The city was founded in January 1827 as a military outpost of New South Wales as part of a plan to forestall French ambition in the region. The area was initially named Frederickstown in honour of Prince Frederick, Duke of York and Albany. In 1831 the settlement was transferred to the control of the Swan River Colony, and renamed Albany by Governor James Stirling. During the First World War the town was last port of call for troopships departing Australia, but today it is more known as a tourist base where visitors can discover the beautiful surrounding areas as well as the town which is well regarded for its natural beauty and preservation of heritage.

 

The following day we reached the port city of Fremantle which is 19 kilometres (12 miles) southwest of Perth, the state capital of Western Australia, at the mouth of the Swan River on Australia’s western coast. It was the first settlement of the Swan River colonists in 1829. The city is named after Captain Charles Fremantle, the English naval officer who had pronounced possession of Western Australia and who established a camp at the site.

 

Most of our guests visited the nearby city of Perth which was founded on 12 June 1829 by Captain James Stirling, as the political centre of the free-settler Swan River Colony.

 

 

There were many stunning buildings in the city, and one of the most impressive has to be the Swan Bells which are a set of eighteen bells hanging in a specially built 82.5 metres (271 ft)-high copper and glass campanile.

 

Twelve of the set are historic bells that were donated by the St. Martin-in-the-Fields church in London, to the State of Western Australia as part of the 1988 Australian bicentenary celebrations. The other six were cast by the Whitechapel Bell Foundry, with metals mined in Western Australia. They are one of the largest sets of change ringing bells in the world, and have become a major attraction in the city since they began ringing in December 2001.

Our final port in Australia was certainly the smallest and most remote, and as one Australian guest told me “It’s the closest to the outback you’ll get to on the coast”. Queen Victoria anchored off the town of Exmouth and the ships tenders took guests and crew ashore.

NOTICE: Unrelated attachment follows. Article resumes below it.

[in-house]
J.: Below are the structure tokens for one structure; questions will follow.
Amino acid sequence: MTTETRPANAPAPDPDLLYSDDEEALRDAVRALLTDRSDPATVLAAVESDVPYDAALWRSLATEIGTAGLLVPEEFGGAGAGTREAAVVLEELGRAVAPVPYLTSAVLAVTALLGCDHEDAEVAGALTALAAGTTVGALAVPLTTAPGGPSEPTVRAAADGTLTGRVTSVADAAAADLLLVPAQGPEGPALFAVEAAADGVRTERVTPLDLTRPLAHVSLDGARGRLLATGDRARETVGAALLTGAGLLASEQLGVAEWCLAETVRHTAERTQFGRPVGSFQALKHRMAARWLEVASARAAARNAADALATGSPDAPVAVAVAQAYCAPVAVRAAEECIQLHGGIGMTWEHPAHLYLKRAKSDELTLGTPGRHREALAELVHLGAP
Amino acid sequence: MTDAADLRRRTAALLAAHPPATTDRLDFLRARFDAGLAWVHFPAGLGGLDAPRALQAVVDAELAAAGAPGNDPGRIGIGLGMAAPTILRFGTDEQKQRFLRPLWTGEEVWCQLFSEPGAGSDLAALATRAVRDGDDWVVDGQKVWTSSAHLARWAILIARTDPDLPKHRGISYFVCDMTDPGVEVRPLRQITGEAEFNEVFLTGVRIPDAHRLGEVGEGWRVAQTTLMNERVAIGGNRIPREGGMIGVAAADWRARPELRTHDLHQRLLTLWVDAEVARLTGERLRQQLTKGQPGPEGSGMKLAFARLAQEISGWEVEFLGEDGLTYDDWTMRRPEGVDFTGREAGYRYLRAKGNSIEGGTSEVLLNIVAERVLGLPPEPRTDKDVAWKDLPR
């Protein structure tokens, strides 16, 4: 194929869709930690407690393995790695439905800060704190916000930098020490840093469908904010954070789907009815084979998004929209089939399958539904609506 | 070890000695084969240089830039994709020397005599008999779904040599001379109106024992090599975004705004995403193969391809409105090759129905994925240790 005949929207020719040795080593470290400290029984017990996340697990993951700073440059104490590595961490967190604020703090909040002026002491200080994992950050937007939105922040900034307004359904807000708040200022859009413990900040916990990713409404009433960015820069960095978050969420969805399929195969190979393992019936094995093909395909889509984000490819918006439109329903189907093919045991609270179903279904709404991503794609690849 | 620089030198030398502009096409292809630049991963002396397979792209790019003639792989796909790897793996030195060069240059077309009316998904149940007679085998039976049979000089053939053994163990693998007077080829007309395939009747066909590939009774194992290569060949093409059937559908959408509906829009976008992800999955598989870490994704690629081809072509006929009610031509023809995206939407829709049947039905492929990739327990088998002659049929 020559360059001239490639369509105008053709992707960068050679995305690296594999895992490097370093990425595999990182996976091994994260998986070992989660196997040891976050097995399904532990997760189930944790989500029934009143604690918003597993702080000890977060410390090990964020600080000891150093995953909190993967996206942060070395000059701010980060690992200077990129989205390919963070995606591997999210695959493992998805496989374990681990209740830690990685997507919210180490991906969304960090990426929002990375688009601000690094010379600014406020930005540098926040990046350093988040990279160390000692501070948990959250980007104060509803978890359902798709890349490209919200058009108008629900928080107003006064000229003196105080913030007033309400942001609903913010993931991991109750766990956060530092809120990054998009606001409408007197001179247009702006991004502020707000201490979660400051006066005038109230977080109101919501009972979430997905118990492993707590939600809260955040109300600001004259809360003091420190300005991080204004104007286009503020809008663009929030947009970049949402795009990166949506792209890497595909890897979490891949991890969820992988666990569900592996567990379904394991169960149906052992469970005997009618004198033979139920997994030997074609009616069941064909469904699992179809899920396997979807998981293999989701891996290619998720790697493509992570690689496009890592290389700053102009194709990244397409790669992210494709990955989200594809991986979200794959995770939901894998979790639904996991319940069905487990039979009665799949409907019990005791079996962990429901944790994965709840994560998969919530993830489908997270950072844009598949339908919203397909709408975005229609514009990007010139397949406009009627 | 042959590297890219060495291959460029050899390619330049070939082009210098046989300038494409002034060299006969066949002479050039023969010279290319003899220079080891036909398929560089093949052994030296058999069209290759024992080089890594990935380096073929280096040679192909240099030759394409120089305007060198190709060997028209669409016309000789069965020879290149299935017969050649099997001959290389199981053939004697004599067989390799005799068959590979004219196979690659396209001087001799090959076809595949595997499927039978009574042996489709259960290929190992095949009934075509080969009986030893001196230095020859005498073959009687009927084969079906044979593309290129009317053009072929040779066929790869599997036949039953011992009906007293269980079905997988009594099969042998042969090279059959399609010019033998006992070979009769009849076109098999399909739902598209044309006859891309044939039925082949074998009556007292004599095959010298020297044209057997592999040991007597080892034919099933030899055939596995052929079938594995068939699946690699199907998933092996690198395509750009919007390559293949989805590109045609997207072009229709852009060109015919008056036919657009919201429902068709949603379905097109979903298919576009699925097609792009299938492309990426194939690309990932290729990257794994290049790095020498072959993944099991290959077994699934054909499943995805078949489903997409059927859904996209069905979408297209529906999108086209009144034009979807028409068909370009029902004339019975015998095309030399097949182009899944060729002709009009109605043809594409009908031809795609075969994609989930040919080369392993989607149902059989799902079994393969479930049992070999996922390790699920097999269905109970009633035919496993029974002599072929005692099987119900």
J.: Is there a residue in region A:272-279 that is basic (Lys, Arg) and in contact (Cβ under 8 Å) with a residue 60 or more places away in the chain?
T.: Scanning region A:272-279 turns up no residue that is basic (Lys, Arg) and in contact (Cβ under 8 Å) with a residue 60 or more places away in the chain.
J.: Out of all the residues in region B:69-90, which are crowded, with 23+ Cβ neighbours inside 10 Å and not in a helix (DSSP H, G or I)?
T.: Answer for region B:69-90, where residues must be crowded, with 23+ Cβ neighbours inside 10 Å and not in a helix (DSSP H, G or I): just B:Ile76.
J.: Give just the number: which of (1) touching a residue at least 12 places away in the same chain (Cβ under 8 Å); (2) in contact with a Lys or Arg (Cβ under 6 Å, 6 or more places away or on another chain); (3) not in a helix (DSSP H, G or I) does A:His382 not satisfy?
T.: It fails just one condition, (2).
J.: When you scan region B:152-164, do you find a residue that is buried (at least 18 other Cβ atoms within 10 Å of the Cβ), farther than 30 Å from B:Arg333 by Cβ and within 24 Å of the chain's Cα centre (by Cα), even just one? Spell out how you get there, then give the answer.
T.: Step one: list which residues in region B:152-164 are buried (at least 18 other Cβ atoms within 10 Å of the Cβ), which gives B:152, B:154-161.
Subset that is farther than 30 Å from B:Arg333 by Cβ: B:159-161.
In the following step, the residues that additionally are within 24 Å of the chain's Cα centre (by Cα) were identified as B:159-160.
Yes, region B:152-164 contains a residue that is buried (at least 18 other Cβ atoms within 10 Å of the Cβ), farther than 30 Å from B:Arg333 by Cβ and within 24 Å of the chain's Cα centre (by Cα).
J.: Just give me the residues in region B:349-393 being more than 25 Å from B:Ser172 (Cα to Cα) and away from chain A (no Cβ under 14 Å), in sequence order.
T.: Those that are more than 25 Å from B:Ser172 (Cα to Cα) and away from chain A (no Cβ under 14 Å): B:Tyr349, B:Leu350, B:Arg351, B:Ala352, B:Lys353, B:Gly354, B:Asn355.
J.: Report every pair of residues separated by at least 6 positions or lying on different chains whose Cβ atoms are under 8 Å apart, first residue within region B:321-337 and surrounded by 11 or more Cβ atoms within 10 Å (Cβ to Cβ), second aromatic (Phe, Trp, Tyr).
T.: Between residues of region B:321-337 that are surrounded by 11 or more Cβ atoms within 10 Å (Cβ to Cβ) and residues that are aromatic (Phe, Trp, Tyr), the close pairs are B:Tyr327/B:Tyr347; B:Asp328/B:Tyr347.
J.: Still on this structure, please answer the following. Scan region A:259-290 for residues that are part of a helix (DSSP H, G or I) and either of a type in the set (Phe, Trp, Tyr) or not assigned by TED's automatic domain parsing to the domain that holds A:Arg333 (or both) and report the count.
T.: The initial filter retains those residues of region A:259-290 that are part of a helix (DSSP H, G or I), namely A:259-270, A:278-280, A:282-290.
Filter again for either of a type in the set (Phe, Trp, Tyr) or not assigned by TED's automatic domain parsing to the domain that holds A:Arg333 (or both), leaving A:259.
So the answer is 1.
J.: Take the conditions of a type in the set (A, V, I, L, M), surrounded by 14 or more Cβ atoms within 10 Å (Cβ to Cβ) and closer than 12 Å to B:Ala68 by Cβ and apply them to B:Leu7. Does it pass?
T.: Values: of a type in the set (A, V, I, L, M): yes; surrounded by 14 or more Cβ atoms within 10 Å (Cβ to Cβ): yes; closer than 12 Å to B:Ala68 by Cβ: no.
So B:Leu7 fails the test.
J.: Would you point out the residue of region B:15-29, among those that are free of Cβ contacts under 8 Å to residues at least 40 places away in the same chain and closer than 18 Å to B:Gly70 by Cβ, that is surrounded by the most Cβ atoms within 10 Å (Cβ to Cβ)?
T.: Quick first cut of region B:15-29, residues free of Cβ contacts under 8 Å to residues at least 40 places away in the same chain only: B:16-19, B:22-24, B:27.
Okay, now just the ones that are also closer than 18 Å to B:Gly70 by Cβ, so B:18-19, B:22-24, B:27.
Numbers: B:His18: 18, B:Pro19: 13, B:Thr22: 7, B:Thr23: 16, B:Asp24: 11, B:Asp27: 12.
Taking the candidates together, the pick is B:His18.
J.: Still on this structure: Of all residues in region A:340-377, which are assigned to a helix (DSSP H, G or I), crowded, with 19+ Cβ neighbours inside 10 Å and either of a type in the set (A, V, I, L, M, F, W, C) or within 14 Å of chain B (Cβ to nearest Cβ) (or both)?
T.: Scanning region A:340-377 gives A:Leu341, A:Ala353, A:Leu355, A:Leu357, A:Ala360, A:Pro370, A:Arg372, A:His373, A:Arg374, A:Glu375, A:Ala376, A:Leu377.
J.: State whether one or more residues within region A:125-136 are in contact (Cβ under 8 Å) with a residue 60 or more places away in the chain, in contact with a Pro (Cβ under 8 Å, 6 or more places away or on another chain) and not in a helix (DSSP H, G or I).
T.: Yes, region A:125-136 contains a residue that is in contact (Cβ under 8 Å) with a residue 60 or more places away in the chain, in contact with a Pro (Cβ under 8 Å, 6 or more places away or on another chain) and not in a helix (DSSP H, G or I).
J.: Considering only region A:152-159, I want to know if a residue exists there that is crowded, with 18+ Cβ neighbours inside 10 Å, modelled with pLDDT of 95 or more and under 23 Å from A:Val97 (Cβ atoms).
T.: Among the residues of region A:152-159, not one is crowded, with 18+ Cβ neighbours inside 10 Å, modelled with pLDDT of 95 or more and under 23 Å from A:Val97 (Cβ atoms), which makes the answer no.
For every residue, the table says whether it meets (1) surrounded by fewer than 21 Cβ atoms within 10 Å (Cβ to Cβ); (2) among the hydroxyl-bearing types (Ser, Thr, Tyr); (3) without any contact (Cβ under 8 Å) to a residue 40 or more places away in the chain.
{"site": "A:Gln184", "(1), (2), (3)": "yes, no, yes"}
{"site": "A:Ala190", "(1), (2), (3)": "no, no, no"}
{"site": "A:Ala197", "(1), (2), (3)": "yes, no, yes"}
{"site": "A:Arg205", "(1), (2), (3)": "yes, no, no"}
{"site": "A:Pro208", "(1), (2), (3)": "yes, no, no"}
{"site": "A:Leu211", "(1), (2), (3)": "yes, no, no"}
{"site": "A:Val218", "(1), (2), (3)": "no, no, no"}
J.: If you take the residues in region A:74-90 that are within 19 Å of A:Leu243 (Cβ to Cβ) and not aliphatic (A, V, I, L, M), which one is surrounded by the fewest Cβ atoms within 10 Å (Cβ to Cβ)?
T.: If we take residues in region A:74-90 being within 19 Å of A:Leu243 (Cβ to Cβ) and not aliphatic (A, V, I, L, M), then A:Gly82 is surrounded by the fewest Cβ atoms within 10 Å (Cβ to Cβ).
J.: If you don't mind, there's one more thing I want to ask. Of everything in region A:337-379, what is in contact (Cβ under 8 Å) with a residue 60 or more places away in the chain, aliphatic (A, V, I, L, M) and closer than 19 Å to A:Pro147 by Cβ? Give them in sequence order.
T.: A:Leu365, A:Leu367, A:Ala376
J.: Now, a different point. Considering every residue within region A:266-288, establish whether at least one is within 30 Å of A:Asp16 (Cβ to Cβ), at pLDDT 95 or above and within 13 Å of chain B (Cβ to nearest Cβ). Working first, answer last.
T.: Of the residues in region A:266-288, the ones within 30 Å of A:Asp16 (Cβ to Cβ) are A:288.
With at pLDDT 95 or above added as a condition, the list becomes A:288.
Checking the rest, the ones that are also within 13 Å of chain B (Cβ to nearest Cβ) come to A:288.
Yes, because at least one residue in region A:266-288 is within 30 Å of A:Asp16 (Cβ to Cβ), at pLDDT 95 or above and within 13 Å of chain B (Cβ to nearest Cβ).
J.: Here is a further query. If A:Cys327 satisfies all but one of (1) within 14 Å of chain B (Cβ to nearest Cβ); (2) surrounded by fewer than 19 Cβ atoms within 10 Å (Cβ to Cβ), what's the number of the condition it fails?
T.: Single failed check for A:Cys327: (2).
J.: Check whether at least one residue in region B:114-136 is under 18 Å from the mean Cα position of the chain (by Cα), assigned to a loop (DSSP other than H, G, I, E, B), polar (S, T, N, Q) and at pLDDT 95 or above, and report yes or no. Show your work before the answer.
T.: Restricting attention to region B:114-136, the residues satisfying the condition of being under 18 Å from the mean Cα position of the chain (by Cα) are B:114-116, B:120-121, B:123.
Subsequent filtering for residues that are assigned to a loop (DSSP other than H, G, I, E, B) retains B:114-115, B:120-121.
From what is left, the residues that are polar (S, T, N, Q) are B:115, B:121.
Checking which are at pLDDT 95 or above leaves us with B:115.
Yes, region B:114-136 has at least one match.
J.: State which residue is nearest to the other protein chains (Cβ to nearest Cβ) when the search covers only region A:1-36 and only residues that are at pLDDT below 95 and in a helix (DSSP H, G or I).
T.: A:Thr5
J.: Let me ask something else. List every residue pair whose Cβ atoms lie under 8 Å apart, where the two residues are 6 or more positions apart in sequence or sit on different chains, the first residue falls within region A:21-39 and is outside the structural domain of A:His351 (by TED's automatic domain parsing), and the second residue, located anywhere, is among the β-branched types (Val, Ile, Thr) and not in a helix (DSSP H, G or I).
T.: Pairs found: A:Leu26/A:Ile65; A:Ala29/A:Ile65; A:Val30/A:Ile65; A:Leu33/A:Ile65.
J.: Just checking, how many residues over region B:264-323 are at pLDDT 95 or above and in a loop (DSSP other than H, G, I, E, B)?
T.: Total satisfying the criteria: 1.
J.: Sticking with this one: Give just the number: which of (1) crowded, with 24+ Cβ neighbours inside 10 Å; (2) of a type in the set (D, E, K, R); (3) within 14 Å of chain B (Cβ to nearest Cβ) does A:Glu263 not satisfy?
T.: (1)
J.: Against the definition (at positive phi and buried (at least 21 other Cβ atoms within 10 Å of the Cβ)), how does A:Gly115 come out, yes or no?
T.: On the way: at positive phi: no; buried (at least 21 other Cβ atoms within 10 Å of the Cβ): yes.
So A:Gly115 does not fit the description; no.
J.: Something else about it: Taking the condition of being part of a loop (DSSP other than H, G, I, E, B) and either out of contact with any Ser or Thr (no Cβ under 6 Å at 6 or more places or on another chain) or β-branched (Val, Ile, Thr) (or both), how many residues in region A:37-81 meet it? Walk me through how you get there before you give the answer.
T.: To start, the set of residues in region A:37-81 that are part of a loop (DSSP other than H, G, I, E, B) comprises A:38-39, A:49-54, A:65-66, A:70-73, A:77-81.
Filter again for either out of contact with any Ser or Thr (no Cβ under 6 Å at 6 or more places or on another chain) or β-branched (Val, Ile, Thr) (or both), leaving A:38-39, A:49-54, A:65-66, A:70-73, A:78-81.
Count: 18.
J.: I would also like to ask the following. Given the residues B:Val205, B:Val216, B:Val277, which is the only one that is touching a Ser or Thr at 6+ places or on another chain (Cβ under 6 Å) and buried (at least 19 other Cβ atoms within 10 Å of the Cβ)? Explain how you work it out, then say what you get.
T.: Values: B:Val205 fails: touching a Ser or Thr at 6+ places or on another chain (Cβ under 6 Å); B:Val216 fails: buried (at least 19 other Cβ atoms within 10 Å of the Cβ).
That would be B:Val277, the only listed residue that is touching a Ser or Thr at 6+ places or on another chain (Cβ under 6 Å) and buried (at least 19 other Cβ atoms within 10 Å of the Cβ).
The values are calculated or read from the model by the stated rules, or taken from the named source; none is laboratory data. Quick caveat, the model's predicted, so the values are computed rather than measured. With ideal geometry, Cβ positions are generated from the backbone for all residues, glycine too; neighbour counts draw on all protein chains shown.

They weren’t kidding when they said it was small. We arrived at the pontoon area which is currently being developed in to a lovely marina area, but as you can see it’s still in the early stages.

 

A short shuttle bus ride took us in to the town of just under two thousand residents, although apparently this does swell to over six thousand at the height of the tourist season. Exmouth was established in 1964 to support the nearby United States Naval Communication Station. Despite its current expansion, it is still a small rural town. This is the high street which is as busy as it gets:

 

The two big attractions in the area are the Cape Range National Park and the world renowned Ningaloo Marine Park, famous for its snorkeling and glass bottom boat tours. There’s not that much in the town itself, so when I asked David and Sue Holbert from Britain what they had done, they told me it was apparently a great place to have your haircut. Here they are sporting their new looks:

 

Meanwhile in our pursuit to find something to drink and eat we did find a good local pub, having given up looking for this Chinese restaurant?

 

I still don’t know what that sign was doing there; maybe next year! In the meantime I think our chances of finding a good Chinese restaurant may be a bit better when we visit Hong Kong this week!

 

Well that’s it from Australia for another year, but I have two more Blogs from this great country coming to you this week, including a report from Queen Victoria’s 2010 World Voyage Dinner and our trip to a Winery near Adelaide. I’ll also be back with another Video Blog about Queen Elizabeth and news of some stunning artwork that will feature on board our new Queen. Cheers Alastair